Today I had the pleasure of attending a talk by Andres entitled “Datatype-Generic Programming”, where Andres discussed how we can almost leverage the power of the `deriving`

construct for our own type classes.

Interestingly, this was a Haskell talk where I initially left thinking that, while impressive there wasn’t particularly a “wow” moment. But then it hit me on the train back - the wow is really in the fact that it’s all so *simple*! Generic programming, at least with `deriving Generic`

is straightforward, and the applications are immediately obvious. It really helped that the talk was well paced, and I left feeling I had a good understanding of the theory - switch over to an isomorphic type representation with a limited set of constructors, implement your type class there, and you can then provide wrappers to use generic solutions.

The `generic-deriving`

also got a mention towards the end of the talk, and it turns out this is a library I’ve really been wanting. I was aware that it was possible to write generic implementations of, for example, `Monoid`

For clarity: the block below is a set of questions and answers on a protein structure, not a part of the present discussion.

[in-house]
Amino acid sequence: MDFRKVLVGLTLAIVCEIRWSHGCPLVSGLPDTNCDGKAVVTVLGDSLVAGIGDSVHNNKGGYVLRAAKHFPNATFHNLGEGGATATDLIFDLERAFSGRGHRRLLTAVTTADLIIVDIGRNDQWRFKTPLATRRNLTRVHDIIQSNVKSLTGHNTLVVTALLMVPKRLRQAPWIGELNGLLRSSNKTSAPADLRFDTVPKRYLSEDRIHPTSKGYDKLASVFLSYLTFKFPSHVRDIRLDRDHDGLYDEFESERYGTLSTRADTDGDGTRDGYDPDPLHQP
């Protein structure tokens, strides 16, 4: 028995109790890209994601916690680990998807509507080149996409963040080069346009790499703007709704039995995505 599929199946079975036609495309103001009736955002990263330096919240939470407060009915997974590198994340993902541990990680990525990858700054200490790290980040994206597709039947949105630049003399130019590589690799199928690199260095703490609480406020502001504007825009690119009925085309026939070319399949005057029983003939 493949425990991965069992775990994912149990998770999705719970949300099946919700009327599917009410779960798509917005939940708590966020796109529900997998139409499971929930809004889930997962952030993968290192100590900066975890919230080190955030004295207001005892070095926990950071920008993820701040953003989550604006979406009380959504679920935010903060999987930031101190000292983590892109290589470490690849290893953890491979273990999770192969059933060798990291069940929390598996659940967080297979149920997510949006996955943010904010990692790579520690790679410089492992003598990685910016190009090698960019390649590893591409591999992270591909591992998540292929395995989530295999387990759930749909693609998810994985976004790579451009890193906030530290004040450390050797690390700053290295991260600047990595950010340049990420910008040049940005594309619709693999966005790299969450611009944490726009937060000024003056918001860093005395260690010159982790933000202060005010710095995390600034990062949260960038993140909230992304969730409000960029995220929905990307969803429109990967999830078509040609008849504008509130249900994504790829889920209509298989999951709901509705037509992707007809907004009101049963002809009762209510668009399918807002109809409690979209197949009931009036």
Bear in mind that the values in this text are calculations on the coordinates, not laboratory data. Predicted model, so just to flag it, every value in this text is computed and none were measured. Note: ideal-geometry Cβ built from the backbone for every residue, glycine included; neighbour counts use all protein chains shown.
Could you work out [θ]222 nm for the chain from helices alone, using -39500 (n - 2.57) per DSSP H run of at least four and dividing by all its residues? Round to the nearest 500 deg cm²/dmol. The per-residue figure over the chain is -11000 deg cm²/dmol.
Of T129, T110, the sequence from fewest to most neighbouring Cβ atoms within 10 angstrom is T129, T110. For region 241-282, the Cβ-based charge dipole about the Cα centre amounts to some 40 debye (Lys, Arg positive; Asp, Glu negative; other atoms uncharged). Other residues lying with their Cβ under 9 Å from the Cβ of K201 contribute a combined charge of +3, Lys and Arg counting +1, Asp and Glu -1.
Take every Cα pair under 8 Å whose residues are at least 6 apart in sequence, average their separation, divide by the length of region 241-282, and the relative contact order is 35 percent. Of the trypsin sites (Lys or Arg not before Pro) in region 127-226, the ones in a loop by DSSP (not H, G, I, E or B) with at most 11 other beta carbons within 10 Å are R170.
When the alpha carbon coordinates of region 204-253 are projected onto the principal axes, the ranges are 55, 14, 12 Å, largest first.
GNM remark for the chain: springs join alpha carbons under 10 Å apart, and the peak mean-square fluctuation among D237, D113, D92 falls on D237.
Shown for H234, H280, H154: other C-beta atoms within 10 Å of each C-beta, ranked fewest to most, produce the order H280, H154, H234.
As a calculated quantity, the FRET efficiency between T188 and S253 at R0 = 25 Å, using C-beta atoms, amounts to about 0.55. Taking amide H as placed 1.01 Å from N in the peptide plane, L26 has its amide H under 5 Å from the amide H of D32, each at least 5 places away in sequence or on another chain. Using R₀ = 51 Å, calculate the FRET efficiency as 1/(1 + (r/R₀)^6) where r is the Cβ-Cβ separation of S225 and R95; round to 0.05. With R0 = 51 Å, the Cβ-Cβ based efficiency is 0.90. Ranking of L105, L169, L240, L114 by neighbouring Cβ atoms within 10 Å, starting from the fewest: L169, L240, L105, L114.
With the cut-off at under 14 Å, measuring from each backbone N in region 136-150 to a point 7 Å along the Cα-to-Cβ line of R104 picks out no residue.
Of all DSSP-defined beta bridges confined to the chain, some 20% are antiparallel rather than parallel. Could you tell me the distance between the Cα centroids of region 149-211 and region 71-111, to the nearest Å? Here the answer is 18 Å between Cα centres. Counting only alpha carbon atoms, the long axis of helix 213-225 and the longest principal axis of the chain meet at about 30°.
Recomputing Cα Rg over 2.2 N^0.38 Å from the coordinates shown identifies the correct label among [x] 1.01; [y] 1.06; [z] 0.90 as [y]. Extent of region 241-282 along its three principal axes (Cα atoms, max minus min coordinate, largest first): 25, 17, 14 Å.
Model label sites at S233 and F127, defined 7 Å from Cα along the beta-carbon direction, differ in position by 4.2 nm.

for a while - but usually the overhead of writing a generic version first was greater than just writing a single `Monoid`

instance. I was happy to find out that people have already done this hard work, so now I just need to use the default implementations.

For example:

```
data Factory = Factory { trinkets :: Set Trinket
, widgets :: Set Widget
}
deriving (Generic)
instance Monoid Factory where
mappend = mappenddefault
mempty = memptydefault
```

Does exactly what I want. Splendid.

You can contact me via email at ollie@ocharles.org.uk or tweet to me @acid2. I share almost all of my work at GitHub. This post is licensed under a Creative Commons Attribution-NonCommercial-NoDerivs 3.0 Unported License.

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